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Study reports: Teens who say ‘no’ to sex are less likely to have it

NASHVILLE, Tenn. (BP)–Teenagers who pledge to remain sexually abstinent until marriage are 34 percent less likely to have sex than those who do not take virginity vows, according to a study to be published in the American Journal of Sociology.

“Pledging decreases the risk of intercourse substantially and independently,” the study’s authors, Peter S. Bearman and Hannah Brückner, wrote. Bearman is professor of sociology and director of the Institute for Social and Economic Theory and Research at Columbia University, and Brückner is assistant professor of sociology at Yale University.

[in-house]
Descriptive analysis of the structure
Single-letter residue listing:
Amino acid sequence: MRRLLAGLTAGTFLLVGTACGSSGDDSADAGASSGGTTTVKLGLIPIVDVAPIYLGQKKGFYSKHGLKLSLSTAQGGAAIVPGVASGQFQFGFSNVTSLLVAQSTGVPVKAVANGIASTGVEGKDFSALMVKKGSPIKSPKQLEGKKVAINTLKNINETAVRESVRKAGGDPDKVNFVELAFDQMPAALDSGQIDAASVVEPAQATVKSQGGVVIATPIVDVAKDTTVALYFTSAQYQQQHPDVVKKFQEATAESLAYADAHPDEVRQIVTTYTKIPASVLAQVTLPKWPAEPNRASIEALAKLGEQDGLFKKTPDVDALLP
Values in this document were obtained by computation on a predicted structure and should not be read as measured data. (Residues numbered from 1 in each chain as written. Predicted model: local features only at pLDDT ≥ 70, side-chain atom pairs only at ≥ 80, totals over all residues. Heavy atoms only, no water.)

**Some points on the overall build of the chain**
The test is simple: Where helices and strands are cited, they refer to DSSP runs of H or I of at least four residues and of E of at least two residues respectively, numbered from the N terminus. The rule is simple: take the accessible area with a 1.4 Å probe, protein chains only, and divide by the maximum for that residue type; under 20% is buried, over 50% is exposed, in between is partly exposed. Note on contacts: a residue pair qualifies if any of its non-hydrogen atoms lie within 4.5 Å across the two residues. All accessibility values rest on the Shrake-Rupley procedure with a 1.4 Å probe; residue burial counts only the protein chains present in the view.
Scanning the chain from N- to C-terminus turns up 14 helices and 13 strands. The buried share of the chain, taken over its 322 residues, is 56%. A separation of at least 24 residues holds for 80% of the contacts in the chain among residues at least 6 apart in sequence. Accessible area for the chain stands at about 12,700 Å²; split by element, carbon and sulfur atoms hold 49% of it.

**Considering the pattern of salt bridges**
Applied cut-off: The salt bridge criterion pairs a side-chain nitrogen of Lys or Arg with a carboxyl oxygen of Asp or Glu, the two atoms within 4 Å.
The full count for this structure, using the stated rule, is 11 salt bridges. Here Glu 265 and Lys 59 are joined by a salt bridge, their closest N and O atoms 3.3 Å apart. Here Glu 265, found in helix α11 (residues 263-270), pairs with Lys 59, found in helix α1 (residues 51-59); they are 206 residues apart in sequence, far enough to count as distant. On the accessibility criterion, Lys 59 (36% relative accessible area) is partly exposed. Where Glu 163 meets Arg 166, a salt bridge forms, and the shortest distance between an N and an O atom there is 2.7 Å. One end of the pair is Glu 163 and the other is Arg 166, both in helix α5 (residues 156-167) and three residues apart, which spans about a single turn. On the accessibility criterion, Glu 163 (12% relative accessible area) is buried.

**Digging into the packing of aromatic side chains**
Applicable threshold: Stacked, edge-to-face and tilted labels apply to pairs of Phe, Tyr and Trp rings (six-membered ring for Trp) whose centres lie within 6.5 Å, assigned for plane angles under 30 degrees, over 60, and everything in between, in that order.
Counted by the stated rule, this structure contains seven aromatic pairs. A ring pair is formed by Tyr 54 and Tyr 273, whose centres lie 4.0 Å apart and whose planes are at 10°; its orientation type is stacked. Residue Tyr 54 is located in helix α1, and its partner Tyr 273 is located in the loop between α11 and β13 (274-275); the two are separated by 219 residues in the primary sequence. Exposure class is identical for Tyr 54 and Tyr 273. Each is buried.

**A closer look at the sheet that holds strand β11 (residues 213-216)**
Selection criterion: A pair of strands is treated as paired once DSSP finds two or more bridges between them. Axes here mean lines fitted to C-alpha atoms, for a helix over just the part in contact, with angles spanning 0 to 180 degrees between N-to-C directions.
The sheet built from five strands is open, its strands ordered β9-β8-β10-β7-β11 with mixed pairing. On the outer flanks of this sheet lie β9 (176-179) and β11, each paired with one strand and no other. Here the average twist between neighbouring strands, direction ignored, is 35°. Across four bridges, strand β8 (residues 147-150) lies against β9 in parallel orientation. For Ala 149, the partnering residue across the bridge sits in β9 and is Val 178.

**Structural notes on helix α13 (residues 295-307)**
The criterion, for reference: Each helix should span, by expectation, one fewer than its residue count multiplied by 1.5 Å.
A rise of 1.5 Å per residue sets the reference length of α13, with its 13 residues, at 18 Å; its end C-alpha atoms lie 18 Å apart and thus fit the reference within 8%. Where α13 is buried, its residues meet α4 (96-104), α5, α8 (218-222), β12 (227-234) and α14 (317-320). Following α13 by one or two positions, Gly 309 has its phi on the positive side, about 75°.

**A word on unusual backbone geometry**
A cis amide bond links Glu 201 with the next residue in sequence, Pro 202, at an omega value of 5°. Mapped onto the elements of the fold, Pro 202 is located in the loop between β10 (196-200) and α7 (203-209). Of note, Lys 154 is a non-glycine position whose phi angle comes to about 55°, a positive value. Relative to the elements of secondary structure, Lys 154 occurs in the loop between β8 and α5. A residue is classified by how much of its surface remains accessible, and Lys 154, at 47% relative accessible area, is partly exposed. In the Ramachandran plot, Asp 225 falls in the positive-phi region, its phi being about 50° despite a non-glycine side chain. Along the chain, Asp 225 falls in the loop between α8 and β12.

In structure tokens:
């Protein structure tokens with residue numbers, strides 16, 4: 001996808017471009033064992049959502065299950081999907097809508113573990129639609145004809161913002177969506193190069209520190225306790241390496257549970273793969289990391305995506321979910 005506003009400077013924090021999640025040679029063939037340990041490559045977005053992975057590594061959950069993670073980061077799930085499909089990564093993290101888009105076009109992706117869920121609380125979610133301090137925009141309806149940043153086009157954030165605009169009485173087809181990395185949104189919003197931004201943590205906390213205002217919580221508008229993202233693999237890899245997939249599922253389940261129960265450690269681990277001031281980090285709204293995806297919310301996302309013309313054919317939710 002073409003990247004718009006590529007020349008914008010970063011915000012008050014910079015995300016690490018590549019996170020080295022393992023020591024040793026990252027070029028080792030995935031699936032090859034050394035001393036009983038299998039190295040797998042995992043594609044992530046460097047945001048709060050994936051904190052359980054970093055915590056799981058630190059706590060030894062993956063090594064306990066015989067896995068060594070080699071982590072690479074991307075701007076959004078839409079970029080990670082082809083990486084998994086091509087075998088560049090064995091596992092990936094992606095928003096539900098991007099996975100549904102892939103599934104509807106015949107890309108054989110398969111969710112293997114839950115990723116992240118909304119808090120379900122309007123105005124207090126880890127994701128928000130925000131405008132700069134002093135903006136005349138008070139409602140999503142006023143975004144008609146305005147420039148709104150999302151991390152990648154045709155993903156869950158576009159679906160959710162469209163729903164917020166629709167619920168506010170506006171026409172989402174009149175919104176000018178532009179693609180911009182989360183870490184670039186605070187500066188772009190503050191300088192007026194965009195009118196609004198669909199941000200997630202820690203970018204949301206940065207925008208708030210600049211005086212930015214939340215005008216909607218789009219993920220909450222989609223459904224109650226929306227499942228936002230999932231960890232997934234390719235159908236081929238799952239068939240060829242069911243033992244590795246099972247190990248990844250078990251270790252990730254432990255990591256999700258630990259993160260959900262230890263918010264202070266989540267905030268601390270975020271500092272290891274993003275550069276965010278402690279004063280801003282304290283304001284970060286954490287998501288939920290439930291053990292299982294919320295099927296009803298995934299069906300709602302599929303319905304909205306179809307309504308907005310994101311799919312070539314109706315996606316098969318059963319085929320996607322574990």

“This is great news,” said Paul Turner, co-coordinator for True Love Waits, an international campaign that challenges teenagers and college students to remain sexually abstinent until marriage. The campaign is sponsored by LifeWay Christian Resources of the Southern Baptist Convention.

“Since the beginning of True Love Waits in 1993, we have believed pledges do make a difference,” Turner said. “We have witnessed the leveling off and decline of teen pregnancy since then because the latest CDC [Centers for Disease Control] report told us so. This study provides us with strong data that prove pledges do actually make a difference.”

The study, “Promising the Future: Virginity Pledges as they Affect the Transition to First Intercourse,” is expected to appear in the January 2001 issue of the American Journal of Sociology, and was reported Jan. 4 in The New York Times and USA Today.